By Ron Marshall
A grain processor was experiencing random dew point alarms on its air dryer. An air auditor called to investigate viewed the compressor room header piping and found an immediate problem. The piping installer had connected the discharge of each of their three compressors to the bottom of the compressor room header — this was done for simplicity … to reduce the cost of the installation.
The problem is this: the compressed air stream produced by air compressors is 100% saturated with water. Then the discharge air comes in contact with the cooler discharge piping, which is directly under cold air ventilation inlets. Thus, some moisture would condense out of the airstream and fall to the bottom of the pipe. The flow of air would propel the water along the bottom of the pipe where it would fall into the connection point of the next compressor, which happened to be normally shut down.
Drop by drop the compressor discharge pipe would fill up with a substantial amount of water, if a number of days passed, there would be enough to form a plug of water in the piping. A test was done at the compressor discharge by opening a ball valve (photo below) confirming large amounts of water. And, when the occasional plant peak called for the operation of this second compressor a slug of water would pass down the discharge piping and into the air dryer. Since the air dryer was not designed to process free water, some excess water would pass through, giving poor dewpoints.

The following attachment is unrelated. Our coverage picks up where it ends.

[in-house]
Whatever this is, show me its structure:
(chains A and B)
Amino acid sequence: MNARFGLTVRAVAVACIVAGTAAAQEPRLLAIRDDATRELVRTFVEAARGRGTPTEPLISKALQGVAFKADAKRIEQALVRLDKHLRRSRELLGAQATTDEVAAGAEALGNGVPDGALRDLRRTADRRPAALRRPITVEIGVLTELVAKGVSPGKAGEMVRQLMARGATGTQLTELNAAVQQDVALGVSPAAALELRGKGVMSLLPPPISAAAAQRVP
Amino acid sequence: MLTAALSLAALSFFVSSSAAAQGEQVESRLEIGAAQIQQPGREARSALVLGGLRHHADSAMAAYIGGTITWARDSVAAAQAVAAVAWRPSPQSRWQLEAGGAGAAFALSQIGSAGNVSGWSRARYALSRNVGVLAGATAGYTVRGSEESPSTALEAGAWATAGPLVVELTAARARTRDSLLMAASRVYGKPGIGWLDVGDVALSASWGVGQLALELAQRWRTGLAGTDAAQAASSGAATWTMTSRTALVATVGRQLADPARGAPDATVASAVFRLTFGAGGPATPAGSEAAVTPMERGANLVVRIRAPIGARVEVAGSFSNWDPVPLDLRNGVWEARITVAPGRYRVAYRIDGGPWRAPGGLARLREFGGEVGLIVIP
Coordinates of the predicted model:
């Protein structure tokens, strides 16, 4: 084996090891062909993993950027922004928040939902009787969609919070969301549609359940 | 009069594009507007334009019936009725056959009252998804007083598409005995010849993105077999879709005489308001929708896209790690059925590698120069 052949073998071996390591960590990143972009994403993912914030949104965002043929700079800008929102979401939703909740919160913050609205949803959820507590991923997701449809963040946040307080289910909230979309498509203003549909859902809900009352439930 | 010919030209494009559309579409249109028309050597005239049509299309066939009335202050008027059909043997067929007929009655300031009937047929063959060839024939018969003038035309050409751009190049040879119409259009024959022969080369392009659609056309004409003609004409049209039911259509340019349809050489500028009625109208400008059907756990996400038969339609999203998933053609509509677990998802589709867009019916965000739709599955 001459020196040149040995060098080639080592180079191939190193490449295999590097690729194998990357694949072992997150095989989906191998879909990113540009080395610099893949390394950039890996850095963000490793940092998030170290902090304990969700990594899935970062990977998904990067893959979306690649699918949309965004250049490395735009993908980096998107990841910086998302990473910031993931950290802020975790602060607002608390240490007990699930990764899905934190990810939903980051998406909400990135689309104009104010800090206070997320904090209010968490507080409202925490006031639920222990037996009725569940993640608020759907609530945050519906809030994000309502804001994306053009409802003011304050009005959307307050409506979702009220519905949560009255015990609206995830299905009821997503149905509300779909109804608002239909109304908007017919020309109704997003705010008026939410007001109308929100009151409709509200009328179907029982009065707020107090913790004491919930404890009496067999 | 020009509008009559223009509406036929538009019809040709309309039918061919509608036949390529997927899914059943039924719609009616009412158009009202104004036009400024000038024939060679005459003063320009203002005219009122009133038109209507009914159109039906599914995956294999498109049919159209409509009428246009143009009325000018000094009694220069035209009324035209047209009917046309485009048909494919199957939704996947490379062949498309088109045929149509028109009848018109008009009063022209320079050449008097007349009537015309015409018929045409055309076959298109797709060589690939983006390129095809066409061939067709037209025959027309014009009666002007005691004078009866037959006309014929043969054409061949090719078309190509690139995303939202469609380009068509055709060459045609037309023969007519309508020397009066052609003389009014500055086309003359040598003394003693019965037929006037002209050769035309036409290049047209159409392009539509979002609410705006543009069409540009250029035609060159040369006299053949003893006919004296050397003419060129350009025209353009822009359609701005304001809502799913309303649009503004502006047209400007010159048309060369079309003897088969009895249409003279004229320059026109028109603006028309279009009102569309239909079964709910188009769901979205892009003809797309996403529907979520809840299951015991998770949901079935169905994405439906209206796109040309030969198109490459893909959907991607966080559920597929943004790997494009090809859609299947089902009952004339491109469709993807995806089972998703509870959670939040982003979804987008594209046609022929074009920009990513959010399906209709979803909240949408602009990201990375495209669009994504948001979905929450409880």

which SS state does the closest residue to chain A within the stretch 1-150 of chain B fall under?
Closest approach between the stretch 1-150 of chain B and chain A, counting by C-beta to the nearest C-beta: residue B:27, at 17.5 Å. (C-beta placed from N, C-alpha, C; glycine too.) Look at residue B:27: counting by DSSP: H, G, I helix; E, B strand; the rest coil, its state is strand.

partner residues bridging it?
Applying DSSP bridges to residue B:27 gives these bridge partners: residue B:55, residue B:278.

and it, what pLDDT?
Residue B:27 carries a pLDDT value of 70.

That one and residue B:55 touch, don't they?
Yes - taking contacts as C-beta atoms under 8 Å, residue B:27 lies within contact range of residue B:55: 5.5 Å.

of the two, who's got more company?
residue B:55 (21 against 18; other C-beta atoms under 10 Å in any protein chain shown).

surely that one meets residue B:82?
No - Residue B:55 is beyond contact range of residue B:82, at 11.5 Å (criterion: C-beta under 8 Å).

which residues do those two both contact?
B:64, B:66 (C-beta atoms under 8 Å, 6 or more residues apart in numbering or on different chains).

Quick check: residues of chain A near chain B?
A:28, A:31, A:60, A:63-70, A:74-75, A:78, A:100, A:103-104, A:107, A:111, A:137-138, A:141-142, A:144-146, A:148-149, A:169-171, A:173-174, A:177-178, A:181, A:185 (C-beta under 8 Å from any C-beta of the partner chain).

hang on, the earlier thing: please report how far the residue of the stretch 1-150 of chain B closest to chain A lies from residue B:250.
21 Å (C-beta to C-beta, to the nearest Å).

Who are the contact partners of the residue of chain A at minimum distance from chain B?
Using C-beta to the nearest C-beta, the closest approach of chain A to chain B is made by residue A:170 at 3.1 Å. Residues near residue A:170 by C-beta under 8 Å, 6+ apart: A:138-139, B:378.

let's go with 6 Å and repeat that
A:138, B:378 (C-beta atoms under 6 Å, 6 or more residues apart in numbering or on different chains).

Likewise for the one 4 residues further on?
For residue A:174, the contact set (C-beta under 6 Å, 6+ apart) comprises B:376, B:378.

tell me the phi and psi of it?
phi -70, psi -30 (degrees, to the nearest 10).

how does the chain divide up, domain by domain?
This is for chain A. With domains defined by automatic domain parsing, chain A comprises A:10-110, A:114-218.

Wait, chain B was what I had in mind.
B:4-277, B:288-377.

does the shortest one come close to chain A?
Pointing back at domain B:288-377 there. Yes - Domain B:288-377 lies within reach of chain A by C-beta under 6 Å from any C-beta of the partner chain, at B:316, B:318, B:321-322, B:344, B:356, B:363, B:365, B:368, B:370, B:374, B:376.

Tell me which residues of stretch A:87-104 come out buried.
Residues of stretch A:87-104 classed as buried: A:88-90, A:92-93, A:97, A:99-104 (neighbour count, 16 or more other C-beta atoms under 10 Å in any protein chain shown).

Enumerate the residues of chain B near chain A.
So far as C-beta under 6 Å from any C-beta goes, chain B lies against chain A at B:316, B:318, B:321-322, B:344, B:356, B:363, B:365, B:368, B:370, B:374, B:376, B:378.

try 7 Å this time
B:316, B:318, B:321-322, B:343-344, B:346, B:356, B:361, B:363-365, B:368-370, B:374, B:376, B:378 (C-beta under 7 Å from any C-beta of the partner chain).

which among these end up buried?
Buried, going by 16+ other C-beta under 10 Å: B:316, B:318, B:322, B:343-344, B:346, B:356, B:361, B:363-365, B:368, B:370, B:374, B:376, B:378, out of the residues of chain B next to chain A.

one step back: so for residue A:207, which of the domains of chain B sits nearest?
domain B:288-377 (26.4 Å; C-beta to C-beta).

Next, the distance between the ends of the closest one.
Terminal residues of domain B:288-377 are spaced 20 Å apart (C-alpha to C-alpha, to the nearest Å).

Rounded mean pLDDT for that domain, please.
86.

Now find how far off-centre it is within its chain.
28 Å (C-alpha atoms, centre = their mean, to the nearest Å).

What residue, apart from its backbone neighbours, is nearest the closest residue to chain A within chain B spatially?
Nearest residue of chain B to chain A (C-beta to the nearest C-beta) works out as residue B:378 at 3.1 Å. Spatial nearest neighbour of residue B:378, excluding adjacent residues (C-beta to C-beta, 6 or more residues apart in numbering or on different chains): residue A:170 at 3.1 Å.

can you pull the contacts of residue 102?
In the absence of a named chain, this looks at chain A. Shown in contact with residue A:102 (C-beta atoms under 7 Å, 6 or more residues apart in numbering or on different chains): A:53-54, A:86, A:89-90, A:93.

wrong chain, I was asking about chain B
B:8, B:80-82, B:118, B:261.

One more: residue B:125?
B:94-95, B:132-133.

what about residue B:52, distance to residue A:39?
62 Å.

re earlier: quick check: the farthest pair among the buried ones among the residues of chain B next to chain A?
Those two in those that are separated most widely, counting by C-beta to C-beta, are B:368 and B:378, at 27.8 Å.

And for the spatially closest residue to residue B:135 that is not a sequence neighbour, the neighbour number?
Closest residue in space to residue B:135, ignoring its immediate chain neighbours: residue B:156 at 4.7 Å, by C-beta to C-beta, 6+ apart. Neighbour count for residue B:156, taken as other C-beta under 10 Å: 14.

Good piping design would ensure there is no possibility of water collecting in any low spots in the compressor header, this would require the compressor connection points to be at the top or at least the side of the header. The piping should be sloped slightly down and away from the compressor discharge, with a drain at the lowest point on the header. The header piping should typically be larger that the compressor discharge pipes, size big enough to present less than 30 feet per second velocity with all the compressors running. And the feed to the air dryer should also connect to the top of the header.
This design philosophy also holds true for plant piping to guard against the times the air dryer fails or must be taken out of service. Good control of condensate in the piping can guard against the contamination of sensitive pneumatic equipment or instruments, and may prevent unanticipated water contamination of your product.